In the l960s a number of booklets called Cahiers voor de Gemeente (Primers for the Congregation) were published. Its authors were J.L.Koole,Tj.Baarda, R. Schippers, H.M.Kuitert and G.P. Hartvelt. These Cahiers average 75 pages in length and their purpose was to make the members of the GKN aware of the significant changes in theological perspectives, and to bridge the gap between the "progressive" theologians and the average person in the pew who not been able to keep up with all the latest earth-shaking changes. In the Cahiers the human word in Scripture is so emphasized that Biblical criticism gets free reign. In fact, they were a frontal attack on the Scriptures. For example, Baarda said that higher criticism shows that the belief in the infallibility of Scripture is totally untenable. "We have come to know it as a very human book." Dr. J.Vos, professor at the Free University, observed that with the Cahiers, and especially since Baarda, the tradition of "reformed exegesis" has come to an end. And the conservative scholar Dr.J. Schelhaas commented that it would have been praiseworthy if the authors of the Cahiers had honestly confessed that their view of the trustworthiness of Scritpure was in direct conflict with the Reformed confessions.

A constant refrain in the "new" approach is - the Bible is time-culture-bound. Dr. C.den Heyer, professor at Kampen, notes that its writers are people of their time and culture. It does not contain revelations which have eternal values. It is an outdated book. Is den Heyer right? Absolutely not! When the Bible is accepted as time-culture-bound, its authority is lost. Who determines then what is normative for doctrine and morals? If the Bible is-time-culture - bound, how can one accept it as a guide for daily life? How can we respect and obey an errant book? Why even bother reading the Bible? Instead of the "progressive" theologians leading the GKN into a deeper reverence and deeper obedience to the Scripture, they led the church astray. They left the church voiceless, without a clear message, unable to tell Dutch society what the Bible says about anything. They preached another Gospel than the one revealed in Scripture (cf. Gal.1: 6-10). Those who argue that revelation is time and culture-bound are unable to exempt their own pontifications. Dr. Carl F.Henry once remarked, "Christianity's true immortals will insist that God addresses the truth of revelation objectively to all humans of whatever diverse culture." The Bible decides how it wants and must be explained. "Above all, you must understand that no prophecy of Scripture came about by the prophet's own interpretation. For prophecy never had its origin in the will of man, but men spoke from God as they were carried along by the Holy Spirit" (2 Pet. 1 : 20f.). We are called not to explain away the message of the Scripture, but to believe it, to obey it, and to proclaim it. As the old hymn put it:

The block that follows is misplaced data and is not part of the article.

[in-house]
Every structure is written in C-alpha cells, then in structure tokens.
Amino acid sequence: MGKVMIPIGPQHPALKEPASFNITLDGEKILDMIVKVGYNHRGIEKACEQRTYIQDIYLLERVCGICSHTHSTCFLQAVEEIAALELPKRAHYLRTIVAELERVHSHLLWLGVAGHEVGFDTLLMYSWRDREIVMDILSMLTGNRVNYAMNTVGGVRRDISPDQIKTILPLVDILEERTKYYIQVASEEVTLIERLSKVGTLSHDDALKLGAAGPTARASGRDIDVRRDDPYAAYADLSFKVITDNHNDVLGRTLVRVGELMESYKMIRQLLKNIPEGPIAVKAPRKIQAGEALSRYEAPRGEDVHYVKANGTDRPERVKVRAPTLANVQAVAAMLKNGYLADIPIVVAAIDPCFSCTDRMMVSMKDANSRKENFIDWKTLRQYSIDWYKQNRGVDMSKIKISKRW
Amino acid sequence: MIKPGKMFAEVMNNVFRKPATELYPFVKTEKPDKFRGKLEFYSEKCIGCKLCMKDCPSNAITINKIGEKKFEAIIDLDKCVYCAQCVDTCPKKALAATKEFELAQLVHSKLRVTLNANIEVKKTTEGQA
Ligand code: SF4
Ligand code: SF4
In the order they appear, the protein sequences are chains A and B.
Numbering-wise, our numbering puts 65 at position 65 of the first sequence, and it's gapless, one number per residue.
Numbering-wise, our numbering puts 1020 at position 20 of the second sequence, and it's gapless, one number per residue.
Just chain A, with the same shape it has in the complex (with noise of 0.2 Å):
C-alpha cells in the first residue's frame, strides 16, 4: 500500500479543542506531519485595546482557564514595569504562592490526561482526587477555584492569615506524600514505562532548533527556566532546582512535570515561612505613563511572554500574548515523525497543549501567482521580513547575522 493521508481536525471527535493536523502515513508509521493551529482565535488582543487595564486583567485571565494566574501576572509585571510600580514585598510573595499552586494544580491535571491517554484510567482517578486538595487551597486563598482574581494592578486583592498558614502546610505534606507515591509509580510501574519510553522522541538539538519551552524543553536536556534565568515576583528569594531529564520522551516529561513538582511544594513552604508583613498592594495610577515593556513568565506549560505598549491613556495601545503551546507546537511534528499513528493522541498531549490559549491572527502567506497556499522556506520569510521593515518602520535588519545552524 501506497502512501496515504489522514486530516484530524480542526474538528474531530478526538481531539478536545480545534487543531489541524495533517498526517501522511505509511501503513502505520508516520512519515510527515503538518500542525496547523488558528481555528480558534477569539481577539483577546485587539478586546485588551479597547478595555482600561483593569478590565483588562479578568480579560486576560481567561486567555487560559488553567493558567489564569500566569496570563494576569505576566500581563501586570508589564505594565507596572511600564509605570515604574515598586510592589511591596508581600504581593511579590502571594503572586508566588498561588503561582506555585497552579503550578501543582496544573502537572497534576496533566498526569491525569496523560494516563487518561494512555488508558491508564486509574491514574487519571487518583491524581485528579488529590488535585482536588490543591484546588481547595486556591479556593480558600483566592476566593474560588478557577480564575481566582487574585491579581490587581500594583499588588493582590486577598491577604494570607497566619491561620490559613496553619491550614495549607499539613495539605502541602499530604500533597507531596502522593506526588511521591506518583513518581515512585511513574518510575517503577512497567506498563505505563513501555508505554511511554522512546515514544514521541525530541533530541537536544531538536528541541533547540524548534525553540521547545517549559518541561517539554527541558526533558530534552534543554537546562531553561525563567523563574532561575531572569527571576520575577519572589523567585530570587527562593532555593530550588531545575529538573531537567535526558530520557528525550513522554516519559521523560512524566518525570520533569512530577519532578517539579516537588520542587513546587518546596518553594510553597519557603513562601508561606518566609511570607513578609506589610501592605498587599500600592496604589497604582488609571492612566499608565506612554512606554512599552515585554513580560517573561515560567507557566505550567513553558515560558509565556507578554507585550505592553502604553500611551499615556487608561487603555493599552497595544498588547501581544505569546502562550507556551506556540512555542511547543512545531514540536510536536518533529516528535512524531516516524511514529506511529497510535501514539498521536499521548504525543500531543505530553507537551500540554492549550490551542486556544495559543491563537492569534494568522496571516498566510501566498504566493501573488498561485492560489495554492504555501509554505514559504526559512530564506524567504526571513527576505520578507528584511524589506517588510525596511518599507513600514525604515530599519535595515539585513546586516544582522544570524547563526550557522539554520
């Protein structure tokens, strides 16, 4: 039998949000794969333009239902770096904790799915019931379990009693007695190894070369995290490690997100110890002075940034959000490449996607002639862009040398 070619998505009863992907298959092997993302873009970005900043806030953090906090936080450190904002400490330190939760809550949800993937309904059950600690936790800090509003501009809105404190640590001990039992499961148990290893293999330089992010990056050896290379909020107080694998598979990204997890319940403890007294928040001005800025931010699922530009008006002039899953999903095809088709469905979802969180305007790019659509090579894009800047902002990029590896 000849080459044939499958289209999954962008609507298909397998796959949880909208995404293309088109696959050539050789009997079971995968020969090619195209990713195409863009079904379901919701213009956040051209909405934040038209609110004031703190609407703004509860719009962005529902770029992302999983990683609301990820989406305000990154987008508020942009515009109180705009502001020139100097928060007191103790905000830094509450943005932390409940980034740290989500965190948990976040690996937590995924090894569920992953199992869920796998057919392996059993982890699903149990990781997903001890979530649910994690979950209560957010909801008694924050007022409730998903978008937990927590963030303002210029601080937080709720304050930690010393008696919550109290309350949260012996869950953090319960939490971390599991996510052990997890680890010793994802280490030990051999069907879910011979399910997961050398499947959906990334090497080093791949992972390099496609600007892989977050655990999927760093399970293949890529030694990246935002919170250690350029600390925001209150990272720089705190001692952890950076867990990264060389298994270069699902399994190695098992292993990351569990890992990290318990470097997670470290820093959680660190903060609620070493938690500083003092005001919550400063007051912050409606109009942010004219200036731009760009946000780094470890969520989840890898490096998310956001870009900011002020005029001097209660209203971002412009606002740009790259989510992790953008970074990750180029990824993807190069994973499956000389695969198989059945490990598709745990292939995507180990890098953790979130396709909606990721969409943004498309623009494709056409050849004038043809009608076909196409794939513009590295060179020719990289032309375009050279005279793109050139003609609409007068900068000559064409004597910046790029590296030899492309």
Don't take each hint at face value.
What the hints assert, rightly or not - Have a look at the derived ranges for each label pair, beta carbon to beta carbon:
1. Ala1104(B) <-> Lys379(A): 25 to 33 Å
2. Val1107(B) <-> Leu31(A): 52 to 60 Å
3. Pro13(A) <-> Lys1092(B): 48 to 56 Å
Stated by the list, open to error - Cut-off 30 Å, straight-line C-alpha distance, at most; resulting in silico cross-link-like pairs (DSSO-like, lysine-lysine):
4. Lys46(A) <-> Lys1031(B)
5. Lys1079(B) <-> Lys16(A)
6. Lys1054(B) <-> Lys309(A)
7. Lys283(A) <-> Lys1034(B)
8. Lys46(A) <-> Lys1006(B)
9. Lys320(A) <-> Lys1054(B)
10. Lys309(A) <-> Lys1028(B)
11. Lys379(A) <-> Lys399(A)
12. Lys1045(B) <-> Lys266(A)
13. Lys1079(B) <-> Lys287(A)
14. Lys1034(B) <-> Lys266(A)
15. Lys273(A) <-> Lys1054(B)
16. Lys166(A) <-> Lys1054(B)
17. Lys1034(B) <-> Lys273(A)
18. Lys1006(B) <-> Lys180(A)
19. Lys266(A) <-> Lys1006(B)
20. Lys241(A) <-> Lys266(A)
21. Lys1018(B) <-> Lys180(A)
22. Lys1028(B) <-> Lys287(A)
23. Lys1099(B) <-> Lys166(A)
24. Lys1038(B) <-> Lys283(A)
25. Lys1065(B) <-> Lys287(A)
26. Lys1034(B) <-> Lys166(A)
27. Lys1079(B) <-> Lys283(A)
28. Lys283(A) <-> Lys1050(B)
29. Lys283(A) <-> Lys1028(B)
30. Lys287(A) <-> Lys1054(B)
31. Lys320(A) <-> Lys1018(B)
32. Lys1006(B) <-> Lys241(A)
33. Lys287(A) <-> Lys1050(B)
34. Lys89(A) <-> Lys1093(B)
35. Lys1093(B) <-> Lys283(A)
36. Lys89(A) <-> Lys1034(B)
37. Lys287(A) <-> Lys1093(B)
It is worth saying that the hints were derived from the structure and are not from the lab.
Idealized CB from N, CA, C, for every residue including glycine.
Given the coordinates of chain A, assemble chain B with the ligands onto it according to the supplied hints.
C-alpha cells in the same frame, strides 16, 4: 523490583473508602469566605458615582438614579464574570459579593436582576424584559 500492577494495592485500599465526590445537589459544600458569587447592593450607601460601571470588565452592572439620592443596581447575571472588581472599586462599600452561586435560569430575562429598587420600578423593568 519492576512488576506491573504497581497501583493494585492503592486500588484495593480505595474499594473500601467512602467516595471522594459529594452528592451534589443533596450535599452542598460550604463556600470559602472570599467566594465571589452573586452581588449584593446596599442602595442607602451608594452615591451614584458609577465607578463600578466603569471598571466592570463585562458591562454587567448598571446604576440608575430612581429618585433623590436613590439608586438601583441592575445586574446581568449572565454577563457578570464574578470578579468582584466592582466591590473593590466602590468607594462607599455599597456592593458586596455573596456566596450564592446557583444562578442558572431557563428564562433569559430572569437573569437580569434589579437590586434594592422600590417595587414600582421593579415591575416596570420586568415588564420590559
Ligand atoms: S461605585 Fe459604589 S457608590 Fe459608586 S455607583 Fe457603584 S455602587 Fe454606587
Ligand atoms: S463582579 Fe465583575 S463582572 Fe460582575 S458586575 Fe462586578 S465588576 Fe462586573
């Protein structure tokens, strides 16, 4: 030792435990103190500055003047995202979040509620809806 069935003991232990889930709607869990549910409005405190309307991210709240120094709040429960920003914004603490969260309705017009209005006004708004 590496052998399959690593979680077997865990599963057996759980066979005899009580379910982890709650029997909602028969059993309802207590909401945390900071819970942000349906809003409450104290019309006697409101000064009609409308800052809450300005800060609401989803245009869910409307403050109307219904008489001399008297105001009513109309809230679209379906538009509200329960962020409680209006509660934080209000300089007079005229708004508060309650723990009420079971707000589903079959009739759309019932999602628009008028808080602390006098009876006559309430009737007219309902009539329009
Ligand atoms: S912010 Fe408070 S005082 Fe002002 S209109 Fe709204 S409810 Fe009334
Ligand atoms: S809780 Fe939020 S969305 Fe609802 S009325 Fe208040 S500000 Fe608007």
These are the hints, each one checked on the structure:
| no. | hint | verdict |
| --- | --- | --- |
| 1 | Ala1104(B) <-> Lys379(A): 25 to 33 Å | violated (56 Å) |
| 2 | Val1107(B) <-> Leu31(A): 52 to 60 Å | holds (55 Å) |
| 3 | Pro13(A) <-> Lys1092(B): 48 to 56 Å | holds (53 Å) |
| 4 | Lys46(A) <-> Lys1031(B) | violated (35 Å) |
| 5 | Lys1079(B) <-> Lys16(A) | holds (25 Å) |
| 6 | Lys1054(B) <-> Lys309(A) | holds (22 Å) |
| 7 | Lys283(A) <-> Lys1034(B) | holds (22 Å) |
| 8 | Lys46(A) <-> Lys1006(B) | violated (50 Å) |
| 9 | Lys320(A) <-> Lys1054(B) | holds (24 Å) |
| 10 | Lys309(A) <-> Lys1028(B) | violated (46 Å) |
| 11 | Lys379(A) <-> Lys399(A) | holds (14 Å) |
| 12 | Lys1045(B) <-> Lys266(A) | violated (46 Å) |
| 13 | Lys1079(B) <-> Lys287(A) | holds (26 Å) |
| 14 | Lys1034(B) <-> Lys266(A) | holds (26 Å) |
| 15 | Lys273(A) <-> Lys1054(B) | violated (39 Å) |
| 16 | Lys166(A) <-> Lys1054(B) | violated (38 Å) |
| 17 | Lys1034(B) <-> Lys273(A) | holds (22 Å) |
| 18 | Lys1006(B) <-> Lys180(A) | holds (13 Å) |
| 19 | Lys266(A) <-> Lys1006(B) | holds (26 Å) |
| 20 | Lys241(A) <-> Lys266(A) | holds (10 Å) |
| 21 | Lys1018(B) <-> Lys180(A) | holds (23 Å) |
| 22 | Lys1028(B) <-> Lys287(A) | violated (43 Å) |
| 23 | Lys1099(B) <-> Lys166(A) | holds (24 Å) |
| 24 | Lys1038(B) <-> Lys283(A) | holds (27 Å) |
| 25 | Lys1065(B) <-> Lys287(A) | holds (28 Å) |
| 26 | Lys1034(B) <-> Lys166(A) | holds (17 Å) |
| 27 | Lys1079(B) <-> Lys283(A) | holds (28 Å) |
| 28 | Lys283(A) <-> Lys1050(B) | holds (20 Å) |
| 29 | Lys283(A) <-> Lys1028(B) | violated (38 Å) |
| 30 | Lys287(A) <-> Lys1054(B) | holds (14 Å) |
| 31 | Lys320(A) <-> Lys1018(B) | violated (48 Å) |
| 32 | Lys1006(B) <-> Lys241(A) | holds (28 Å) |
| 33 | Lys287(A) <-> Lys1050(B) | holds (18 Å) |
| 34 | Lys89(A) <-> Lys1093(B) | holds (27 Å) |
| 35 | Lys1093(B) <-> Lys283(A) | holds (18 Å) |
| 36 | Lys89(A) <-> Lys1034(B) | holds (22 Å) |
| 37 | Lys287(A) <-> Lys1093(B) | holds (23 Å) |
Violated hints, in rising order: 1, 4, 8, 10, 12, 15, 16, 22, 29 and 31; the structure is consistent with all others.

When we walk with the Lord in the light of His Word,
what a glory He sheds on our way!
While we do His good will He abides with us still,
and with all who will trust and obey.